Lindsay Taylor is the Regional Manager for MEND (Muslim Engamgent and Development). Previously Linsay worked as project coordinator of Cook Grow Sew Branching Out at WSREC where she worked to support BAME communities to engage in their climate journey. She is also the Chair of Interfaith Scotland, working to bring faith communities together in positive and productive dialogue.
Our regular presenters are Kat Jones and Tami Pein of Stop Climate Chaos Scotland and Manish Joshi, CEO of Strathclyde Student Union, with a decade of experience before that working in the international climate field. They talk from their own faith perspectives of Christian (Kat and Manish) and Jewish (Tami).
Some selected scriptures from our guests and podcasters
In the midst all of these, God established the earth as a ‘place of worship’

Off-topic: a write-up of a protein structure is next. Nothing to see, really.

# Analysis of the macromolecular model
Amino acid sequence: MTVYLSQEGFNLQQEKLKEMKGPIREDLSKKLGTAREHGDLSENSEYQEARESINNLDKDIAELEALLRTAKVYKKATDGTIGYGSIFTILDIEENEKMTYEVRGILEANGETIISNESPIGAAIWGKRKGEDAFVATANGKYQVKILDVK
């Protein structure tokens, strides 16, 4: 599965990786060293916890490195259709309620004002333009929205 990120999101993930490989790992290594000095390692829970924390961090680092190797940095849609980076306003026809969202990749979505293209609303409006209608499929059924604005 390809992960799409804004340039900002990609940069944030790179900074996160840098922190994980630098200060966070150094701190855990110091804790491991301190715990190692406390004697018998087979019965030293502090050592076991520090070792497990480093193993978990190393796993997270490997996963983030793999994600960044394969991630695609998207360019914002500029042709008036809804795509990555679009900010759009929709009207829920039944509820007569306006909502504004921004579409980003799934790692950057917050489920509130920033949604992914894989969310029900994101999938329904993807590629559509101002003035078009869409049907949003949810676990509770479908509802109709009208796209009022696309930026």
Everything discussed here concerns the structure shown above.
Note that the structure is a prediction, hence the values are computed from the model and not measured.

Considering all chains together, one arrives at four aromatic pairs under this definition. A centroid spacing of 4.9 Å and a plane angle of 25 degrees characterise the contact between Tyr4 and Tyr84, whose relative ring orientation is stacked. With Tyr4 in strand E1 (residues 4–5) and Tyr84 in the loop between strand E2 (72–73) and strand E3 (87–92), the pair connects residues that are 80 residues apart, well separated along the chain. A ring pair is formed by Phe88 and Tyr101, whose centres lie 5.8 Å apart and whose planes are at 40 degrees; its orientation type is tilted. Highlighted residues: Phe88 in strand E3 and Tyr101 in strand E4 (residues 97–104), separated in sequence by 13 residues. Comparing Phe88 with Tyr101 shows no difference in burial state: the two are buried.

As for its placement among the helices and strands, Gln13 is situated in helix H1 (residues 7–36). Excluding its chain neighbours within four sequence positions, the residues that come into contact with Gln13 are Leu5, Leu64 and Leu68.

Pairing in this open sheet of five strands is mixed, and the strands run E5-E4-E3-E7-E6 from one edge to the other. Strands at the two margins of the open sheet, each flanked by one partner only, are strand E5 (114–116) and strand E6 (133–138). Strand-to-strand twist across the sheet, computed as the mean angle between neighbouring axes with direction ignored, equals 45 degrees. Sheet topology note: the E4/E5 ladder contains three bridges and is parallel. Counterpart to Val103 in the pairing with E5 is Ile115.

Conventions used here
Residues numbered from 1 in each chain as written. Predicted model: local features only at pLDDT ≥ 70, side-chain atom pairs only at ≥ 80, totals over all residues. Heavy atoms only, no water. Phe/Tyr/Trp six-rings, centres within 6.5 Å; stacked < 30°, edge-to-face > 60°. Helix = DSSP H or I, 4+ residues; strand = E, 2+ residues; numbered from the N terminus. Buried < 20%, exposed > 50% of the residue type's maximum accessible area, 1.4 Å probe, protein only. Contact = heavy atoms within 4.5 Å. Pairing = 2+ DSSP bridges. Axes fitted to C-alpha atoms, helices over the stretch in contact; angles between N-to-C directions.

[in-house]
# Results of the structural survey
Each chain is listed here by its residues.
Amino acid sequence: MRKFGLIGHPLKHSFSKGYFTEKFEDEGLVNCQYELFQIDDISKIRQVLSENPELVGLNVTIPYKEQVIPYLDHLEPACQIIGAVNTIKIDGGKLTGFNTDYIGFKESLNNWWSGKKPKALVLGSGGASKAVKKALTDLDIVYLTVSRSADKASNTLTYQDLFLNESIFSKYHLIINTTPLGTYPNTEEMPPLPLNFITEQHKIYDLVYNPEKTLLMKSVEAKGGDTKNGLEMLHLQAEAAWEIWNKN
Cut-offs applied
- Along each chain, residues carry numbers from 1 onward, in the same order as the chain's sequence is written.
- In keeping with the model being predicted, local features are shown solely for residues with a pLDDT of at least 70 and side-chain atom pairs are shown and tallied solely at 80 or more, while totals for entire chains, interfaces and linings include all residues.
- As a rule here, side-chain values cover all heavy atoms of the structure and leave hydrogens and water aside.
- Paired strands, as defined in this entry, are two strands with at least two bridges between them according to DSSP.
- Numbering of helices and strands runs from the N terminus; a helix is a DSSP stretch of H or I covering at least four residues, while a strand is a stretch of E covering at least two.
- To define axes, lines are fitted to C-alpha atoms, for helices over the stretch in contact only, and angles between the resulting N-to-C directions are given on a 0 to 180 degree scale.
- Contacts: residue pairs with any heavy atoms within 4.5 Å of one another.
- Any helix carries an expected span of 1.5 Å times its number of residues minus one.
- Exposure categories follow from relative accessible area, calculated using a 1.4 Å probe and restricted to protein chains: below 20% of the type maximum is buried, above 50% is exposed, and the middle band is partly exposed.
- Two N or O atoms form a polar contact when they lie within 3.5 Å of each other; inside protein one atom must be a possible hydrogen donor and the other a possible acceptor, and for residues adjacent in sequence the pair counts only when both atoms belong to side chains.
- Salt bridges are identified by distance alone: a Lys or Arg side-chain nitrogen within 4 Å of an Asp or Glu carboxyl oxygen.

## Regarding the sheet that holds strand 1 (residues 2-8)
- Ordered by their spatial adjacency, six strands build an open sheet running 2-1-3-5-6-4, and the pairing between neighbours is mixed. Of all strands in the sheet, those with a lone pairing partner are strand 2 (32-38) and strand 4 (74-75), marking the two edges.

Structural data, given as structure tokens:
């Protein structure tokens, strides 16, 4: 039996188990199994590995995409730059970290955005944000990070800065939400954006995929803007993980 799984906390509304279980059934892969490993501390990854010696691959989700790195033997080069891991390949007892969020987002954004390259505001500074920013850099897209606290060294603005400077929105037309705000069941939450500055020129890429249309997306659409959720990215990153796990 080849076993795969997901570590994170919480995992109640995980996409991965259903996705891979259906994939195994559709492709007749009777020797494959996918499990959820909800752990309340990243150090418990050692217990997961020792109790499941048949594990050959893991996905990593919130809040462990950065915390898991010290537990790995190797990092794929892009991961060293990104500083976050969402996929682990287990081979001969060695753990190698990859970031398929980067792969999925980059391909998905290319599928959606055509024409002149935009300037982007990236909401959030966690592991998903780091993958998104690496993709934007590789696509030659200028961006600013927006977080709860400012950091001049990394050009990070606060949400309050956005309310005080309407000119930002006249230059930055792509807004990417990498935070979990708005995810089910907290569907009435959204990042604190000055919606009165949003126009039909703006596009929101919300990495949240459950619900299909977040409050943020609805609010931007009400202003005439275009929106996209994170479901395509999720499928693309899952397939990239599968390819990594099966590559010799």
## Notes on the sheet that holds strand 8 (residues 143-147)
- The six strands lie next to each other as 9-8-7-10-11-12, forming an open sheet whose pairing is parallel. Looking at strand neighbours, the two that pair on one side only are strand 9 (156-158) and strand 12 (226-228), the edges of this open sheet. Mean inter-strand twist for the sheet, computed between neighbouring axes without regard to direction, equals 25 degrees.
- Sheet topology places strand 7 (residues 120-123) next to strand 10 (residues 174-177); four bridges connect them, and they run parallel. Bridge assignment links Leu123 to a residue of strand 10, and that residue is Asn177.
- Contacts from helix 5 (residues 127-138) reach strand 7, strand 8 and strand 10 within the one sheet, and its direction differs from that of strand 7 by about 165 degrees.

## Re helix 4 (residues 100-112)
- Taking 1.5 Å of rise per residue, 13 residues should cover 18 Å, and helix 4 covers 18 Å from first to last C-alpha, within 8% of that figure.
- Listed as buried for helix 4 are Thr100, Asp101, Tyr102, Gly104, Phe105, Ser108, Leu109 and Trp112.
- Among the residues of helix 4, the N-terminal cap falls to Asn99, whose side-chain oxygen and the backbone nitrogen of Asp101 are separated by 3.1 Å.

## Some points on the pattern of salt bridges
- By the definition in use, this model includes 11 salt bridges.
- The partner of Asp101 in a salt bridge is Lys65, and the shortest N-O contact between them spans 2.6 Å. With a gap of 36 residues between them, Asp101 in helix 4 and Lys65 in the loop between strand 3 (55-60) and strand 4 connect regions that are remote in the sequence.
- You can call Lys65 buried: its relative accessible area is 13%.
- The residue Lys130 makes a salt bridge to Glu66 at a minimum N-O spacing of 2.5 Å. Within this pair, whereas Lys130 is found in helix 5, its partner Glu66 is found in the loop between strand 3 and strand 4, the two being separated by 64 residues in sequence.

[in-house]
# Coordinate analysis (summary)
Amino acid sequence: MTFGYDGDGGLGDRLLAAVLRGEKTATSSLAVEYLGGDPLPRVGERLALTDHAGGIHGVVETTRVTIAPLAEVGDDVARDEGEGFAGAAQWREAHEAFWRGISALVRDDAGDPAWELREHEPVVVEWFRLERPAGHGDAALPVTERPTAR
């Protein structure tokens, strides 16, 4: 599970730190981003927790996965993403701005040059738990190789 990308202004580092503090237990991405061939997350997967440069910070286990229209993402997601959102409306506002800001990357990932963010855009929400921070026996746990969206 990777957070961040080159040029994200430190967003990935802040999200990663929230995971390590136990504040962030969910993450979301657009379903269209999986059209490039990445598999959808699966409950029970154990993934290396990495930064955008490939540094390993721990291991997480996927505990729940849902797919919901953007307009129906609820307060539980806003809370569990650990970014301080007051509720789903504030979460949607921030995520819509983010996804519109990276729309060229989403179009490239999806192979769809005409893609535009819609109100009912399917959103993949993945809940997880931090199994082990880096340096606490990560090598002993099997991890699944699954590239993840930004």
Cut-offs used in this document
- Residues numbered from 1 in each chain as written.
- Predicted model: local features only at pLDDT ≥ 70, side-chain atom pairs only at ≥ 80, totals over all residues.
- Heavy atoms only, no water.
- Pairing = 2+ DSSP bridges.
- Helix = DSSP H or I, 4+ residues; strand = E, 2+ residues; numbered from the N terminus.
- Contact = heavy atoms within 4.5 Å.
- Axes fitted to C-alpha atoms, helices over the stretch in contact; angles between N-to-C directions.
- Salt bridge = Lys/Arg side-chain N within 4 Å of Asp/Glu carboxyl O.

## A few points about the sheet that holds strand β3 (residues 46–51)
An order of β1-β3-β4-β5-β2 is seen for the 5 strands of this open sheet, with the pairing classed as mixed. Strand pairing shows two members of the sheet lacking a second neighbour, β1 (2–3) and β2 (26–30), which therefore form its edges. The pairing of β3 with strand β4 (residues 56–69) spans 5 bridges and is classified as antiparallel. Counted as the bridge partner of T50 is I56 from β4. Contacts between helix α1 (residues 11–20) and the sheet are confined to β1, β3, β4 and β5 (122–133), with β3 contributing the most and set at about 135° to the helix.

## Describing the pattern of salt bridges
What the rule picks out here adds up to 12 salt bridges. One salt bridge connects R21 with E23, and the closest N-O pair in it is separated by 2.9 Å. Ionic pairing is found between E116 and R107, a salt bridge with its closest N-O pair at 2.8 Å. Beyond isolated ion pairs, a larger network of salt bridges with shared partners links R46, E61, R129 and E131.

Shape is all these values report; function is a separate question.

Each day Sikhs also recite,
“And there is no creature on [or within] the earth or bird that flies with its wings except [that they are] communities like you. We have not neglected in the Register a thing. Then unto their Lord they will be gathered.”
The LORD God placed the man in the Garden of Eden to tend and watch over it.
Genesis 2 v15
When you besiege a city for a long time, making war against it in order to take it, you shall not destroy its trees by wielding an axe against them. You may eat from them, but you shall not cut them down. Are the trees in the field human, that they should be besieged by you?
The land must not be sold permanently, because the land is mine and you reside in my land as foreigners and strangers.
Leviticus 25 v 23
You are the Lord, you alone. You have made heaven, the heaven of heavens, with all their host, the earth and all that is on it, the seas and all that is in them; and you preserve all of them; and the host of heaven worships you.
“We cannot segregate the human heart from the environment outside us and say that once one of these is reformed everything will be improved. Man is organic with the world. His inner life moulds the environment and is itself also deeply affected by it. The one acts upon the other and every abiding change in the life of man is the result of these mutual reactions.”